Read on, to find out Henry’s thoughts on some other notable Cleveland Show guests and to discover why he’s not sorry for slamming Chloë Sevigny.
ENTERTAINMENT WEEKLY: You also have an episode with Justin Timberlake coming up?
MIKE HENRY: That’s right. Justin plays two parts. We find out one of Cleveland’s friends is closeted and Justin plays his lover. He also plays a singing booger. Rallo is having a tough time kicking the booger-eating habit, so Jr. [Cleveland’s son] takes him under his wing and there’s a goodbye ballad — kind of like “On My Own” with Michael McDonald and Patti LaBelle — but it’s Rallo and Justin’s singing booger. The name of the song is, “I Got To Flick You Goodbye.”
Playing a singing booger is the obvious move after you’ve appeared in a David Fincher-directed Oscar contender.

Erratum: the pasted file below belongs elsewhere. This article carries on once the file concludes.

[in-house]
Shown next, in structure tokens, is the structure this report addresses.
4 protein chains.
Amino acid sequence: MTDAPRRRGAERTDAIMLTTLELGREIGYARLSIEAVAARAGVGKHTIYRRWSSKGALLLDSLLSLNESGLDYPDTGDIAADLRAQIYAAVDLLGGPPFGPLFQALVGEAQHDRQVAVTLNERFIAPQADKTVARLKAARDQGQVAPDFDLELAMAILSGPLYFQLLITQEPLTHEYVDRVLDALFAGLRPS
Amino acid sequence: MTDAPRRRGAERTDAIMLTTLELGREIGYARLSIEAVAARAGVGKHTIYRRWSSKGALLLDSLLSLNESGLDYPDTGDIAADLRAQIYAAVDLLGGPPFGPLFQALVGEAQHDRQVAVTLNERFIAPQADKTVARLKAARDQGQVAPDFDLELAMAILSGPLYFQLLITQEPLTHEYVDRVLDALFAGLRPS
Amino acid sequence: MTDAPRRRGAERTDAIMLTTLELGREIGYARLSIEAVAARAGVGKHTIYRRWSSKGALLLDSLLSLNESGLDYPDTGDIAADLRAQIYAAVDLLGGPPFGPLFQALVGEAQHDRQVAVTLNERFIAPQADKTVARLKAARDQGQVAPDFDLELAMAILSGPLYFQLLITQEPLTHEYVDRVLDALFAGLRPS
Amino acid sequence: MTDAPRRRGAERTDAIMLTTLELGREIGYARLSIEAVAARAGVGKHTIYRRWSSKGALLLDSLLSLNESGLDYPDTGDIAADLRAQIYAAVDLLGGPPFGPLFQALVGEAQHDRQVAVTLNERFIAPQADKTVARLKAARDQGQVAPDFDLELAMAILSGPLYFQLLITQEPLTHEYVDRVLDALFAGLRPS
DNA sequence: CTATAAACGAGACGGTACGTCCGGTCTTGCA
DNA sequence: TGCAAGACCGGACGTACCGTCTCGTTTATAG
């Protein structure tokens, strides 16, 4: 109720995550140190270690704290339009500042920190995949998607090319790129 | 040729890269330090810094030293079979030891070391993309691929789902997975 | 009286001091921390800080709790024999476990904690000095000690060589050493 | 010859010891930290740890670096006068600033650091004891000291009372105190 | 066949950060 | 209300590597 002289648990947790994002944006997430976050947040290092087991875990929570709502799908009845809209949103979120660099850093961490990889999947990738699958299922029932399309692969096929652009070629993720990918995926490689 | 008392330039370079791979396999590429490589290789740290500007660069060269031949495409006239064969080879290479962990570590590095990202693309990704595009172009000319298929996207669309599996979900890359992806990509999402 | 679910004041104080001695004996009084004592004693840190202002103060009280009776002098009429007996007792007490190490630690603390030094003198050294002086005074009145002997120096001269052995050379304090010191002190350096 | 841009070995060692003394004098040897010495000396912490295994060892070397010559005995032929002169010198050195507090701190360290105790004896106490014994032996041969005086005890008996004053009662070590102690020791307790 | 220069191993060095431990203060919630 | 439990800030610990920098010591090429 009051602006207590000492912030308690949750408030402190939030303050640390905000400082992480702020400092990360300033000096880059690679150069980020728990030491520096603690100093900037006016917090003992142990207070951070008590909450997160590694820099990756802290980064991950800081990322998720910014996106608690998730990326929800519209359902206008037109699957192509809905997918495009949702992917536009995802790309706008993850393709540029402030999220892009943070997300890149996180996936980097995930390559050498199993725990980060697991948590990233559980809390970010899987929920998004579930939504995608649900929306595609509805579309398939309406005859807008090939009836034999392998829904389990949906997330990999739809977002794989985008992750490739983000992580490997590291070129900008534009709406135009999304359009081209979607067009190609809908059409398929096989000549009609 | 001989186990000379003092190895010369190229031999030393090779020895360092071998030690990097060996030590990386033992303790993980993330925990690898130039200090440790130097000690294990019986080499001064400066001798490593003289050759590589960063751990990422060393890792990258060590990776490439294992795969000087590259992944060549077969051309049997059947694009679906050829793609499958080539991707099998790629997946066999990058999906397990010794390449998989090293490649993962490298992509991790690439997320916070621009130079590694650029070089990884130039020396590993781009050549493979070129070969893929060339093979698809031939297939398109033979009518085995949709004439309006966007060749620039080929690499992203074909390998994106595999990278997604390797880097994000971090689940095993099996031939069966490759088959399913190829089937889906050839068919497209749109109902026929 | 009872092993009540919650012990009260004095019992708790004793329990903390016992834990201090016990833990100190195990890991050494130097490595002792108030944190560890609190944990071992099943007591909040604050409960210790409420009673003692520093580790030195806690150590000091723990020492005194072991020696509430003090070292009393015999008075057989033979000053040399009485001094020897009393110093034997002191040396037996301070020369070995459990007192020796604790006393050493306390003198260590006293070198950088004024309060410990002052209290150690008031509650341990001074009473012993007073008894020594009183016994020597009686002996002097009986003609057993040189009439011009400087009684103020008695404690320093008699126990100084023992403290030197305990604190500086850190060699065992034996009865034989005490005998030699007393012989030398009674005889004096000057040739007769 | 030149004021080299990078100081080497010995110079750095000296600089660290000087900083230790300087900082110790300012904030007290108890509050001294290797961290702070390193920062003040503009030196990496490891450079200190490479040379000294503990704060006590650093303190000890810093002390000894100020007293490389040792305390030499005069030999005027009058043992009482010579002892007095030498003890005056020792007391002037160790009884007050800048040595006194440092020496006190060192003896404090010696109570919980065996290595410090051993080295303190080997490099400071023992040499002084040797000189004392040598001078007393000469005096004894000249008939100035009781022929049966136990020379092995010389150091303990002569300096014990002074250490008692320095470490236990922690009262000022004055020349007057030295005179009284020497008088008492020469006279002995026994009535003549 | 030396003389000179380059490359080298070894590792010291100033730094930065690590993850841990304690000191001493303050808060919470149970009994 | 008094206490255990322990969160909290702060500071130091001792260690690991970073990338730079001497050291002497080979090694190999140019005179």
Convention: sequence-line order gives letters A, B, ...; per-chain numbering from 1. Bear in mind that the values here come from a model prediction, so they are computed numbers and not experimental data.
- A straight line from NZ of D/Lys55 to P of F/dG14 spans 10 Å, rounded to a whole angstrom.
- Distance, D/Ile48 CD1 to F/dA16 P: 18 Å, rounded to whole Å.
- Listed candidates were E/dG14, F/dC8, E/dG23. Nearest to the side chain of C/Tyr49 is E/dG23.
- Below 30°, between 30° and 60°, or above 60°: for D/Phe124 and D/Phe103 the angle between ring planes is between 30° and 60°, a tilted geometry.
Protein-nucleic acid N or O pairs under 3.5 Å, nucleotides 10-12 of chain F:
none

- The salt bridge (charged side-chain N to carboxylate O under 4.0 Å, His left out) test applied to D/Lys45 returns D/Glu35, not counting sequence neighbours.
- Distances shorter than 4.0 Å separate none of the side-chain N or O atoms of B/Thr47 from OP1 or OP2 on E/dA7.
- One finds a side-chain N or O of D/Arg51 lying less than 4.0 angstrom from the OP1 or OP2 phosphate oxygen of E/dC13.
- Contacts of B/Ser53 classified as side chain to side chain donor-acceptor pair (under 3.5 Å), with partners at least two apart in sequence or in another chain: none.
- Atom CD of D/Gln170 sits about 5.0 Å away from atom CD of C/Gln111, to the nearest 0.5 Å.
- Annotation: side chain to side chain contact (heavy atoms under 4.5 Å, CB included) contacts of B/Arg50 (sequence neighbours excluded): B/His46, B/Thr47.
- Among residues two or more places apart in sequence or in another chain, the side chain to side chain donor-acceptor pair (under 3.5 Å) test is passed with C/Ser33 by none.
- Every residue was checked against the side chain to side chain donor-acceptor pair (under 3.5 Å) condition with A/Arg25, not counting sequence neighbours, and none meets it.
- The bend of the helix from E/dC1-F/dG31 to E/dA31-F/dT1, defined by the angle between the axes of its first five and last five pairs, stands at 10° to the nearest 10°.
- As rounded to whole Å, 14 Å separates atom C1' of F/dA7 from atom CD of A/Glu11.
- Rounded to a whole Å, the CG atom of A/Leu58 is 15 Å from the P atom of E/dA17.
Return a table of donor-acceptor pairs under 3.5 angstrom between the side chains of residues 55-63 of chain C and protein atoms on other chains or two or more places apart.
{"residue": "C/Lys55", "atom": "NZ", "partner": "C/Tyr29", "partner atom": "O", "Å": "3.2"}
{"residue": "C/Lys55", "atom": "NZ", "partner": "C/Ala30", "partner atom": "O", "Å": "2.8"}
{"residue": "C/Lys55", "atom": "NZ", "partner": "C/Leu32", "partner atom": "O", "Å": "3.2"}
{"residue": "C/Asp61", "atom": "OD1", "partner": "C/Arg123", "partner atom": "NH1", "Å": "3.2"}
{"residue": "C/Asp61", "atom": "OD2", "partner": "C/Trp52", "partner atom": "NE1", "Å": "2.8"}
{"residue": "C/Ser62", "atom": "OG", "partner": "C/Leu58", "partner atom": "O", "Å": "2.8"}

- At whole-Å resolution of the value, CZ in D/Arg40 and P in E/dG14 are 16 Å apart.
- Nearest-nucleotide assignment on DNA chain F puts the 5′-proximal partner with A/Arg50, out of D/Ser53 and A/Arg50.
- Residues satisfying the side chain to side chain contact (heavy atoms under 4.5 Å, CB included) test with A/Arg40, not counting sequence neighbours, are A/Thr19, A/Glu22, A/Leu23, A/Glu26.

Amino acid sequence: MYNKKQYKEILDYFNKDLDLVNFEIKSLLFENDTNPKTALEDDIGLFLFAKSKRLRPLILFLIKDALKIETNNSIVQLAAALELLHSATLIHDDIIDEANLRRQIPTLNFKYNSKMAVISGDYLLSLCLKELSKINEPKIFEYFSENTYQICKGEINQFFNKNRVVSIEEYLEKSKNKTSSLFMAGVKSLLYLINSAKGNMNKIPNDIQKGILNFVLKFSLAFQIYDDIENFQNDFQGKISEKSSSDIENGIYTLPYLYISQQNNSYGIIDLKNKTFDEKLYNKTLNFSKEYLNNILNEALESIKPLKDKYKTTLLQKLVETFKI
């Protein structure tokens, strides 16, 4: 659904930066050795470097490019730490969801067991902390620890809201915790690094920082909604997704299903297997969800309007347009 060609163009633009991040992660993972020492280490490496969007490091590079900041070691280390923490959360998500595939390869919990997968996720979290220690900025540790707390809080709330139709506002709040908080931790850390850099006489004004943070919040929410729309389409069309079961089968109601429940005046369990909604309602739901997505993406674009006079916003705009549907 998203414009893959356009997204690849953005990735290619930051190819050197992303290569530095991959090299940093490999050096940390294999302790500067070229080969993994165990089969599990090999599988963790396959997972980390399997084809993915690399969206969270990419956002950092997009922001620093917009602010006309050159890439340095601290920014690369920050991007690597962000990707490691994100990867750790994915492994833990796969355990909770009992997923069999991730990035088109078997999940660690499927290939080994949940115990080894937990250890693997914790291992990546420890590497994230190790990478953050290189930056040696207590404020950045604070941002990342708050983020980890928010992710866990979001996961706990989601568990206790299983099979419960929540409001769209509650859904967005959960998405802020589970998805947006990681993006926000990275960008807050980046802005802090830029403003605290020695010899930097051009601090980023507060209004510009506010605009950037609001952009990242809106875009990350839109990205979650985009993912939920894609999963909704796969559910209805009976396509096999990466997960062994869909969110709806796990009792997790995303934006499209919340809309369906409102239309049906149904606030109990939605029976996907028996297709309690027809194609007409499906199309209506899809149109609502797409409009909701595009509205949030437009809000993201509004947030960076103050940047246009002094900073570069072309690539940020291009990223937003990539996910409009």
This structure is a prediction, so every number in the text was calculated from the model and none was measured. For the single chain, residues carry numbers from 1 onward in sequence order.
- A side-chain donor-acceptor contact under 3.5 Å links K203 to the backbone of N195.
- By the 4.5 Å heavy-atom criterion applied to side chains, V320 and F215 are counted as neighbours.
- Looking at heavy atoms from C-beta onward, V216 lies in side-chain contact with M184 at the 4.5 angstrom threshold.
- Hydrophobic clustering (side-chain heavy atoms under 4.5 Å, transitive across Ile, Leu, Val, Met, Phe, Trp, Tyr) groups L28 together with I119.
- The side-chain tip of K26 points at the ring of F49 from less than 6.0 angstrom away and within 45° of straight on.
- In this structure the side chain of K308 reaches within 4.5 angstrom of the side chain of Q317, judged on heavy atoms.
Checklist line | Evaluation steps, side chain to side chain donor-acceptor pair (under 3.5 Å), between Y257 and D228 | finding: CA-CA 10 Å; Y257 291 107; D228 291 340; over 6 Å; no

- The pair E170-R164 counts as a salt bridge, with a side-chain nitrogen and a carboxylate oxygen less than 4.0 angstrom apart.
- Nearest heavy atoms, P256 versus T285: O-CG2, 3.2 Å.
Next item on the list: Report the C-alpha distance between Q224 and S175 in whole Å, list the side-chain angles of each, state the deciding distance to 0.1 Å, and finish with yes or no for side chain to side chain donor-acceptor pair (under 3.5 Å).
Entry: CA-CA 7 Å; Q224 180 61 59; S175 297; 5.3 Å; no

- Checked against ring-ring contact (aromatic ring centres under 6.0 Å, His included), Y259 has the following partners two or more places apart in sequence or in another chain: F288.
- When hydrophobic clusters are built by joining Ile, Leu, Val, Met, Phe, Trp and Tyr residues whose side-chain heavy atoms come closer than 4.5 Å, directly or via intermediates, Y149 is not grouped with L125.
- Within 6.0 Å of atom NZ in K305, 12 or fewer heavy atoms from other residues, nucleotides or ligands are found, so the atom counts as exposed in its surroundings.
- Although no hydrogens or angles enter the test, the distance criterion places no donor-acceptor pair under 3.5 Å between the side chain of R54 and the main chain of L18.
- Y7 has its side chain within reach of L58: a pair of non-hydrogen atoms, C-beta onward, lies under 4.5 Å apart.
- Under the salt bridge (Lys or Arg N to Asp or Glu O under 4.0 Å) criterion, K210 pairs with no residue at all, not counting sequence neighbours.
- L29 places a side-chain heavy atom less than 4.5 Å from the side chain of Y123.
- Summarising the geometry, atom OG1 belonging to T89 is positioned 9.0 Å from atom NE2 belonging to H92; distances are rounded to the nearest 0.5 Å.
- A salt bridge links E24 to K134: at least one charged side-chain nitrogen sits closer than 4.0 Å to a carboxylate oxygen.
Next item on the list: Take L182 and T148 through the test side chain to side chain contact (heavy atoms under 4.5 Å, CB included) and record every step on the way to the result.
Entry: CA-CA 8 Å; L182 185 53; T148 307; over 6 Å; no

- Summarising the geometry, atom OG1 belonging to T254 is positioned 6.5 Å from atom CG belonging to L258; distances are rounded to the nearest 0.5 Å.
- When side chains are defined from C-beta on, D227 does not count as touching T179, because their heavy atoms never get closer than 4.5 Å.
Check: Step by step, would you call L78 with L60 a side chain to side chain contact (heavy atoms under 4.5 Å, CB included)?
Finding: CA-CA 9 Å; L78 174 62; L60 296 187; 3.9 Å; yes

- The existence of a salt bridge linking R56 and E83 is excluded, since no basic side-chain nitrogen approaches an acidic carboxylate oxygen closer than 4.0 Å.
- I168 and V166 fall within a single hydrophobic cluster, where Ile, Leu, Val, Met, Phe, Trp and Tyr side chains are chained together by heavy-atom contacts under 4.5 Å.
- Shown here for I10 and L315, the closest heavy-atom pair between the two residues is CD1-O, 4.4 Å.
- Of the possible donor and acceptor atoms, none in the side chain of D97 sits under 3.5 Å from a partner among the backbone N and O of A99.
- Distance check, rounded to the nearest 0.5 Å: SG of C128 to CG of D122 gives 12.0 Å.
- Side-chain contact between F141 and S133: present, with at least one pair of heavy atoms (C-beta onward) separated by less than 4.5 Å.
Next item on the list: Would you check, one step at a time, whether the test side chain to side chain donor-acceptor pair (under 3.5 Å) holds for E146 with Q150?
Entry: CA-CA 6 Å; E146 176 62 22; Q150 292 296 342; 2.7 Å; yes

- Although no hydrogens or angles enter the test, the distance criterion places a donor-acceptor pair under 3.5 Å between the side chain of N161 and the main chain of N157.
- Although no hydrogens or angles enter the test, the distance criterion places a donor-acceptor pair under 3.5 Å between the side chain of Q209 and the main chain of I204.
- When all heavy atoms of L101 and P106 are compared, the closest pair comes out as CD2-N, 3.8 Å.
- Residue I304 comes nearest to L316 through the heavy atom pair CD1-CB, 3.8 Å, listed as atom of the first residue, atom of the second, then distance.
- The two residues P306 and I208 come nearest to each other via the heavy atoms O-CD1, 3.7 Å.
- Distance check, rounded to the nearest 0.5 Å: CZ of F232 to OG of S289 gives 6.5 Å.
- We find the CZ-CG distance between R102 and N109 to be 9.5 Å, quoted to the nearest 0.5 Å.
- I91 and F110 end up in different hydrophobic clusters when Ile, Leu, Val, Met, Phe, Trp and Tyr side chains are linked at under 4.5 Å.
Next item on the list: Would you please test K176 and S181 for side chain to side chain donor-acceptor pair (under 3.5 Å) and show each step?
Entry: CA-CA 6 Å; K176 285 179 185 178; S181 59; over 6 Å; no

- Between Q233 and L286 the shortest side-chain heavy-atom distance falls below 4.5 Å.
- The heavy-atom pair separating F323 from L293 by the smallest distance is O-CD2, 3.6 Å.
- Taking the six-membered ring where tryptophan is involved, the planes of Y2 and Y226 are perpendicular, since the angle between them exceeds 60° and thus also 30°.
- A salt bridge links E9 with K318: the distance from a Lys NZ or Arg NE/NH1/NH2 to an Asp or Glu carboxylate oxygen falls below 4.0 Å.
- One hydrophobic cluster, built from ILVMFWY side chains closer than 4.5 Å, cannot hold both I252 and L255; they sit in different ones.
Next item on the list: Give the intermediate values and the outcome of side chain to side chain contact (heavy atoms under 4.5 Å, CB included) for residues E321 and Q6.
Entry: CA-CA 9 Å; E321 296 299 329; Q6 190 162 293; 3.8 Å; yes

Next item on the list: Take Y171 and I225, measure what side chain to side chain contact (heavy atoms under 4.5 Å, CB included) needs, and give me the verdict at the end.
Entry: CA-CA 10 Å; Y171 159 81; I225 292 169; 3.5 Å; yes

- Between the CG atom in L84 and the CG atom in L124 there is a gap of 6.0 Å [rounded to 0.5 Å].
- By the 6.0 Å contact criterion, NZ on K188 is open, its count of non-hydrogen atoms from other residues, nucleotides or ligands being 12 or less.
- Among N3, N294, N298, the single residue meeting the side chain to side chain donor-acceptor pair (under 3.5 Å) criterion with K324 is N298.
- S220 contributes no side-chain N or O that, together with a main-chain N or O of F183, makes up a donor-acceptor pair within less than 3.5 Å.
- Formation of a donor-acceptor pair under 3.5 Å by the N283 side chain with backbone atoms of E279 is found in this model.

That’s right! Justin’s locked and loaded all the time. He was only in for a couple of hours but you had this sense that he was just about to spin off something brilliant, which I think he did with his choices in the booger song. It was just very funny to see Justin break into this falsetto as this tiny little booger. We also have a bunch of NBA guys [doing a show].
I’m afraid I’m not much of a basketball fan. But I’ve been told the gentleman who left Cleveland — the city, not the show — is involved?
Yes, LeBron James is in the episode. We did all those guys over the phone. And each of them, I have to say, was really funny. I guess when you’re that rich and you get to play a sport for a living, you’re loose.
The whole universe of [Family Guy creator] Seth MacFarlane is pretty incestuous. You still voice characters on Family Guy and obviously he is very involved with Cleveland. What’s the big difference between the two shows?
We didn’t set out to do Family Guy. We set out to do something in the Family Guy universe that was more of a family show. There are a few things we won’t do. We won’t go too hard at an abortion joke or a Jesus joke or a really mean celebrity slam, although we did a few first season. I guess it’s maybe a kinder show — or a not-as-mean-show.